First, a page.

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Mammal

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Mammals
Lion
Lion (Panthera leo)
Scientific classification
Kingdom:Animalia
Phylum:Chordata
Class:Mammalia
Orders

The mammals are the class of vertebrate animals characterized by the presence of mammary glands, which in females produce milk for the nourishment of young; the presence of hair or fur; and which have endothermic or "warm-blooded" bodies. The brain regulates endothermic and circulatory systems, including a four-chambered heart.

Mammals encompass some 5500 species, distributed in about 1200 genera, 152 families and up to 46 orders, though this varies depending on the classification scheme adopted. The mammals include the largest animals on the planet, the whale, as well as some of the most intelligent, such as elephants, some primates and some cetaceans. The basic body type is a four-legged land-borne animal, but some mammals are adapted for life at sea, in the air, in the trees, or on two legs. The largest group of mammals, the placentals, have a placenta which feeds the offspring during pregnancy. Mammals range in size from the Template:Convert bumblebee bat to the Template:Convert blue whale.

Contents

Types of Mammals

Baby Baboon with Mother.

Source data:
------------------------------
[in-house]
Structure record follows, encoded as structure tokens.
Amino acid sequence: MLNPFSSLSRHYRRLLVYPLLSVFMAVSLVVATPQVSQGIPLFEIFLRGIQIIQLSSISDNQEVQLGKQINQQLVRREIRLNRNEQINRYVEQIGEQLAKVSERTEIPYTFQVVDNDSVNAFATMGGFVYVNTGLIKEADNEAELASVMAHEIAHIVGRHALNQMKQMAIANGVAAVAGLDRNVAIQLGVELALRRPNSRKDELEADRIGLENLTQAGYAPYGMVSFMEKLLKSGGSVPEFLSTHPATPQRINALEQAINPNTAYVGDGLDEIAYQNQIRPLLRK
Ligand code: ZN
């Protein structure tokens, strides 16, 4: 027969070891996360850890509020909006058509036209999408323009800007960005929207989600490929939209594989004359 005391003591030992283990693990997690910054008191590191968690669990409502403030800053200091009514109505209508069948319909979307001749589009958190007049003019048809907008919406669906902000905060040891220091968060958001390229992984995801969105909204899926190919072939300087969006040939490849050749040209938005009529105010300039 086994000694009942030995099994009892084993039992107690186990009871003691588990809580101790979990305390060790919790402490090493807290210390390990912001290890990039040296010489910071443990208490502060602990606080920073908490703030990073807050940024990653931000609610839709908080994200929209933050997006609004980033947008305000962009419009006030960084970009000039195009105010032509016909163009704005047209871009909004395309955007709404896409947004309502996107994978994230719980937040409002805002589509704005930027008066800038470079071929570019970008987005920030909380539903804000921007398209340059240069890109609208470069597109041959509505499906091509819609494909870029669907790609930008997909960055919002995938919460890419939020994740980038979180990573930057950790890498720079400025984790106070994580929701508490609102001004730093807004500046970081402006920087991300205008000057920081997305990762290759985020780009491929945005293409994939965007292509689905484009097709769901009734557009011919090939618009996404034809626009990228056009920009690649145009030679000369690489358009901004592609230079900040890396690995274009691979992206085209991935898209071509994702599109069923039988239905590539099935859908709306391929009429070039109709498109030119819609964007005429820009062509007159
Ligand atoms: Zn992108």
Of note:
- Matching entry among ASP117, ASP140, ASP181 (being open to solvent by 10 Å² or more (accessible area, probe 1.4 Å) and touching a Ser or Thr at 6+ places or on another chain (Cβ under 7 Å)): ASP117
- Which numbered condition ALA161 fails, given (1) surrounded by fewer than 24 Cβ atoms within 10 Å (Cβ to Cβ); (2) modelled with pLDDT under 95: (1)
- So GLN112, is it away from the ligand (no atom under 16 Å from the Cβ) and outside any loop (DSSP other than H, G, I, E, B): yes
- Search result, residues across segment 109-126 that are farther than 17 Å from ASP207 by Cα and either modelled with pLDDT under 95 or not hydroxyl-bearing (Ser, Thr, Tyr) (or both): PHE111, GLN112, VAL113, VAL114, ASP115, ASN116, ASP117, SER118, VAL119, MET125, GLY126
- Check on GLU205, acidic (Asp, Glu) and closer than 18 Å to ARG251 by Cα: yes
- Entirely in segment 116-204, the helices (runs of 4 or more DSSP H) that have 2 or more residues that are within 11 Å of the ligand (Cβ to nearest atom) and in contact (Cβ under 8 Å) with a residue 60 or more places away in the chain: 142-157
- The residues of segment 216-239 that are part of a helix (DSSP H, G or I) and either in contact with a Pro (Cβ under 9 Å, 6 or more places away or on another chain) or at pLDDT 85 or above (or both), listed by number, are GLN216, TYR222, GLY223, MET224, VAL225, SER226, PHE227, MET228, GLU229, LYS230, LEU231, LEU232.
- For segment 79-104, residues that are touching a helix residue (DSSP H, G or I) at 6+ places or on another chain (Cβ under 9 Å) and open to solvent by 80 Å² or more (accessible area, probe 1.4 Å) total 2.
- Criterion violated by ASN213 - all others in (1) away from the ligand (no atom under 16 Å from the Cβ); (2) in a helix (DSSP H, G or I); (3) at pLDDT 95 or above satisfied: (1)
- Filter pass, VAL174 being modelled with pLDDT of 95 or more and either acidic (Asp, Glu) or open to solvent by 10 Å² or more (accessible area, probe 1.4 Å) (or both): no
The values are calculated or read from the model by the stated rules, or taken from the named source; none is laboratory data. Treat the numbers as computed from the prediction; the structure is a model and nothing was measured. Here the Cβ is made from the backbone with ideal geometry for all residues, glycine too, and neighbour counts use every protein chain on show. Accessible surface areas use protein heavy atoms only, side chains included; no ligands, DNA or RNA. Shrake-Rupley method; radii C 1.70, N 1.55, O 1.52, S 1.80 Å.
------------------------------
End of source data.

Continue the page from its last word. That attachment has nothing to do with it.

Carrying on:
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Baby Baboon with Mother.
Two Elephants.
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Two Elephants.
Lowland Gorilla.
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Lowland Gorilla.


Characteristics

While most mammals give birth to live young, there are a few mammals (the monotremes) that lay eggs. Live birth also occurs in a variety of non-mammalian species, such as guppies and hammerhead sharks; thus it is not a distinguishing characteristic of mammals. Birds are also endothermic.

While monotremes do not have nipples, they do have mammary glands, meaning that they meet all conditions for inclusion in the class Mammalia. It should be noted that the current trend in taxonomy is to emphasize common ancestry; the diagnostic characteristics are useful for identifying this ancestry, but if, for example, a cetacean were found that had no hair at all, it would still be classified as a mammal.

Mammals have three bones in each ear and one (the dentary) on each side of the lower jaw; all other vertebrates with ears have one bone (the stapes) in the ear and at least three on each side of the jaw. A group of therapsids called cynodonts had three bones in the jaw, but the main jaw joint was the dentary and the other bones conducted sound. The extra jaw bones of other vertebrates are thought to be homologous with the malleus and incus of the mammal ear.